Insights from industry

Polyurethanes and Soft Tooling

AZoM talks to Mitch Johnson, PhD, Senior Technical Director of General Plastics Manufacturing Co, about the many applications and benefits of polyurethane, especially for soft tooling.

Could you please give a brief overview of General Plastics and how it is involved in the polyurethane industry?

General Plastics has been in business for over 80 years and we’ve been located in Tacoma, WA the entire time. We manufacture both rigid and flexible foams, including molded foam parts and machined parts. We’ve been manufacturing polyurethane foam for a number of decades, really since the mid- fifties.

Could you give an introduction to polyurethane and the different types that you work with?

Polyurethanes are a family of incredibly versatile industrial products and most people use these products every day. To make polyurethane foam, you can mix an isocyanate and, in this case a formulated polyol, so that they polymerize at room temperature to form a cellular plastic . It’s really a process that requires very little energy and can utilize renewable resources.

Polyurethanes are used a lot in flexible foams, but coatings are also a huge application. They can be very flexible, very tough materials and the formulation capabilities for urethanes are really endless. There’s so many combinations you can put together to achieve different properties.

We manufacture a lot of rigid foam and we’re considered a high density rigid foam manufacturer. We do make some three and four PCF (pounds per cubic foot) foam, but we do a lot in the 10 to 40 PCF range. In industry, that’s considered high density urethane foam.

Which industries typically use polyurethane?

The biggest industry for rigid polyurethane foam is insulation, including spray foams for insulation of walls, refrigerators, coolers, as well as automotive applications.

We are in more of a niche industry which caters to tooling and core materials. For example making sandwich panels, where there is a layer of fiberglass or carbon fiber, then a layer of foam, and then a layer of the same carbon fiber or fiberglass on the opposite side. That material will be much, much stronger and stiffer for the weight and lighter in weight than a solid sheet of all carbon or glass fiber. As I touched on before, one of our largest markets is the aerospace industry, where strength and light weight are the keys to success.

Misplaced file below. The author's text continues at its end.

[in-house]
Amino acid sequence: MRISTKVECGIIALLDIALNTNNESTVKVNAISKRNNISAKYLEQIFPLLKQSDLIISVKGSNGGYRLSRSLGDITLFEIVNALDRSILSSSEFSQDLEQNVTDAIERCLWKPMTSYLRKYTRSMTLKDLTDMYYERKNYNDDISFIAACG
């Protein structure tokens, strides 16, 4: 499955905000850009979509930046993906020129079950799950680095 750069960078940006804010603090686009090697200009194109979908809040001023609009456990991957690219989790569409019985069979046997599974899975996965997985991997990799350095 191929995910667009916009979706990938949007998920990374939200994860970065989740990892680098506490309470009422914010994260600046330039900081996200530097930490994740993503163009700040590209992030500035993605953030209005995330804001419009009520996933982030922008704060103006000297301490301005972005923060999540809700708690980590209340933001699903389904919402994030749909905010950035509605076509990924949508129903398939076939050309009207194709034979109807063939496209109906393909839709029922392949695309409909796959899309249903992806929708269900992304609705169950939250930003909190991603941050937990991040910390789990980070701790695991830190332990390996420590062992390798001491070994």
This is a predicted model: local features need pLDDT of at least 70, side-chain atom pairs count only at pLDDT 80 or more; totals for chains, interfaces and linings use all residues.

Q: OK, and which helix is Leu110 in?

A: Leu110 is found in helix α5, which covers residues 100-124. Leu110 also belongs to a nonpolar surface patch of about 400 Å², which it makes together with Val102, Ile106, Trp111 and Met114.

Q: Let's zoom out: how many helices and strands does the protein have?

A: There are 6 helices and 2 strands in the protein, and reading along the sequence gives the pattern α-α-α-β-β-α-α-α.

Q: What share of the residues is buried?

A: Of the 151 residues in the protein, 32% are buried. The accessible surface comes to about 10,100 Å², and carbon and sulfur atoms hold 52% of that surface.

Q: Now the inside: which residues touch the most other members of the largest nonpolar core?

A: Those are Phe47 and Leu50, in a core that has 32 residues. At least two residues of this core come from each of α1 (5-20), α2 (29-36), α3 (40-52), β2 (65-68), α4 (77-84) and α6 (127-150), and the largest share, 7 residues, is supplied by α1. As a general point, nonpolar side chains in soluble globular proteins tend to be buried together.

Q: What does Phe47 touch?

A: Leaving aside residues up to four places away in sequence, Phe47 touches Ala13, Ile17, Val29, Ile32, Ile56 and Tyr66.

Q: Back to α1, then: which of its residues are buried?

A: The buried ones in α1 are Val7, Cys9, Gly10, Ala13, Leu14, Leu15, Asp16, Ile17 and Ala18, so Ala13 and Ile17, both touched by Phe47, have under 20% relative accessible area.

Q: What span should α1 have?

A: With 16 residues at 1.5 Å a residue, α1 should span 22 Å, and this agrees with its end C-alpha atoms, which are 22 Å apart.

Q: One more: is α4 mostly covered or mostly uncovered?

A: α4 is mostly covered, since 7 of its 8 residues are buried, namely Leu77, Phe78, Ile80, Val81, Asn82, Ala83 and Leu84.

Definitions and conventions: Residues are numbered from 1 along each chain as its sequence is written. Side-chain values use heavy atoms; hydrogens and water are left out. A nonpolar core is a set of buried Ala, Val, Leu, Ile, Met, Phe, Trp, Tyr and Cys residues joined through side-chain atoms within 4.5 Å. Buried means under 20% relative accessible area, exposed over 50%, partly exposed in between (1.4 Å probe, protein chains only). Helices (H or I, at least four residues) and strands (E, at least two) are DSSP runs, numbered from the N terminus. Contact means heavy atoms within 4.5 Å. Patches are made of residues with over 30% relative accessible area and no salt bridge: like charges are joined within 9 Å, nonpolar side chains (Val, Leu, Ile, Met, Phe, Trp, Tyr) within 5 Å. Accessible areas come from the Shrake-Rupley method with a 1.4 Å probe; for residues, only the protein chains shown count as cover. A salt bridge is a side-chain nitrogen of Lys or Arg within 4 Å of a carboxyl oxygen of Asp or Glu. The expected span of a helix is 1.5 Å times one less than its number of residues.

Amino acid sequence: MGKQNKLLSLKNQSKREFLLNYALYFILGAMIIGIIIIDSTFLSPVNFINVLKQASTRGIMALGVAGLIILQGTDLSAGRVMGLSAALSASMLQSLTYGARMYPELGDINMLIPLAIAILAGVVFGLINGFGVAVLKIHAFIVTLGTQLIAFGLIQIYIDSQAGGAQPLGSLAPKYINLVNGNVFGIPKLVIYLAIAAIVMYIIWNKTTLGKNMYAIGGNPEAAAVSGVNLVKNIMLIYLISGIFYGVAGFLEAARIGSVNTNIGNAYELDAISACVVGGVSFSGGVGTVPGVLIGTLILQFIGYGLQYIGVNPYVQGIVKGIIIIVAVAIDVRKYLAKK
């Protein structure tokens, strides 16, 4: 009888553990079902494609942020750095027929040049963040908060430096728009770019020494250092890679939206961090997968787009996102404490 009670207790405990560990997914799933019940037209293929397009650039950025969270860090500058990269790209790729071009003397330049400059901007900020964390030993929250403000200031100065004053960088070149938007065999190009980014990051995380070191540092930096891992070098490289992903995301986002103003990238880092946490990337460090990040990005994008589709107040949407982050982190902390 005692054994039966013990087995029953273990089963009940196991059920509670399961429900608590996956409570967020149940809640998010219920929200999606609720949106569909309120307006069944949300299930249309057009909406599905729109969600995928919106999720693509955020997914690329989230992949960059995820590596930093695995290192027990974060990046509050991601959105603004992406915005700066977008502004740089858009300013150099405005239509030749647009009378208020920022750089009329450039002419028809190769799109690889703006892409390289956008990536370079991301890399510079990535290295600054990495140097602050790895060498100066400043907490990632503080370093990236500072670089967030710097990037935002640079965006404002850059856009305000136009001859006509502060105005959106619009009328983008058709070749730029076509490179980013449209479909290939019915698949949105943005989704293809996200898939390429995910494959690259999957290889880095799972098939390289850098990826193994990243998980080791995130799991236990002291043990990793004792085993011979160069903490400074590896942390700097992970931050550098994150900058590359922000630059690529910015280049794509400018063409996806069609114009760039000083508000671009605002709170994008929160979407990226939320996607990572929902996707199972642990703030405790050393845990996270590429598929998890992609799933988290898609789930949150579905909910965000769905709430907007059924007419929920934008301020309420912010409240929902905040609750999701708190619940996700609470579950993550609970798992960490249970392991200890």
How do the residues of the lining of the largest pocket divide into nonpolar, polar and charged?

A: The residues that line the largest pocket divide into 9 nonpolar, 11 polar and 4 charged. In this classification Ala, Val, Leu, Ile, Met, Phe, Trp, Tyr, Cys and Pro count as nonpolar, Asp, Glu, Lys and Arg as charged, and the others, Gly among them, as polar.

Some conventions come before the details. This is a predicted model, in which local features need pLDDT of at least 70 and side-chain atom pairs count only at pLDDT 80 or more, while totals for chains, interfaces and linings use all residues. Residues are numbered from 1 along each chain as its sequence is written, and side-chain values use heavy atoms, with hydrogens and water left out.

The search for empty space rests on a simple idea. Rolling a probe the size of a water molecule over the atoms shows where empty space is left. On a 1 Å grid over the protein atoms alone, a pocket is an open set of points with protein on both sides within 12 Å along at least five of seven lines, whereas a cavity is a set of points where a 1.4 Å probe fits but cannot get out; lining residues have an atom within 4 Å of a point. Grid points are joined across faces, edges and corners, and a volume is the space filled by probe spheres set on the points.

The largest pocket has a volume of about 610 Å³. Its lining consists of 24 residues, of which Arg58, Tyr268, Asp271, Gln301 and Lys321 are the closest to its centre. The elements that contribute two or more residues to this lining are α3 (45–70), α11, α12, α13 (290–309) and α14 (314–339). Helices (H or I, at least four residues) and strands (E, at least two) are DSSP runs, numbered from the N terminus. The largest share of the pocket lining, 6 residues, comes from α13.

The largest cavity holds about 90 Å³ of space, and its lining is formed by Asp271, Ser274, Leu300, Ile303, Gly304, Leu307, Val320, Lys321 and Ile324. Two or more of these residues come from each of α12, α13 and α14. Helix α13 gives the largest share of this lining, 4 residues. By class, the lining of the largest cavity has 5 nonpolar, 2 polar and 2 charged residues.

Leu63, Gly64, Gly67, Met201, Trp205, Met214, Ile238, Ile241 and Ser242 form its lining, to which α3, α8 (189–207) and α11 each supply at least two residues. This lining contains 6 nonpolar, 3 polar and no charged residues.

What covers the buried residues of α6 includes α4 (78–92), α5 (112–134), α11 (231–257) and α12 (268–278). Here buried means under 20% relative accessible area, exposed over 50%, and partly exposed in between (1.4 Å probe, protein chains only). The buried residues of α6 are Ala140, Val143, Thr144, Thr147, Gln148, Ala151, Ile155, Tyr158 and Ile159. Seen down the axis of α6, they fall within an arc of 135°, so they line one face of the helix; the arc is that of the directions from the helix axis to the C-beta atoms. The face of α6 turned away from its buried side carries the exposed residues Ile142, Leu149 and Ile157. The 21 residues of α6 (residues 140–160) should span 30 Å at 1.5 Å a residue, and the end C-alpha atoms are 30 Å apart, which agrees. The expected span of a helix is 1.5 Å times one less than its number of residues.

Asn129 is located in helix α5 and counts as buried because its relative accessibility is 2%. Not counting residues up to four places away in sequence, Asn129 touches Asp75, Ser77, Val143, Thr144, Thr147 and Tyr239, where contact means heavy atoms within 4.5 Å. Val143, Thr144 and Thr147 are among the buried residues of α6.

Staying on that topic, what are the benefits are of using polyurethane in those applications, compared to some traditional materials?

Traditionally, rigid polyurethane foam can be considered a synthetic wood. Wood is a very strong material, but it carries a lot of moisture with it and there can be a lot of variation in density, strength, resin content and possibility of decay over time.

The rigid polyurethane foam that we make is closed celled, so it doesn’t absorb moisture, does not support microbial or fungal growth and will last forever if protected from UV light. A urethane foam core will maintain its properties over the life of the part, if properly designed.

How does General Plastics generally manufacture these foams and how are you unique in that area?

Of course it’s all proprietary information and we have special manufacturing processes, but I think we want to communicate that we are a vertically integrated company. We bring in basic feedstocks, and formulate all of our own formulations.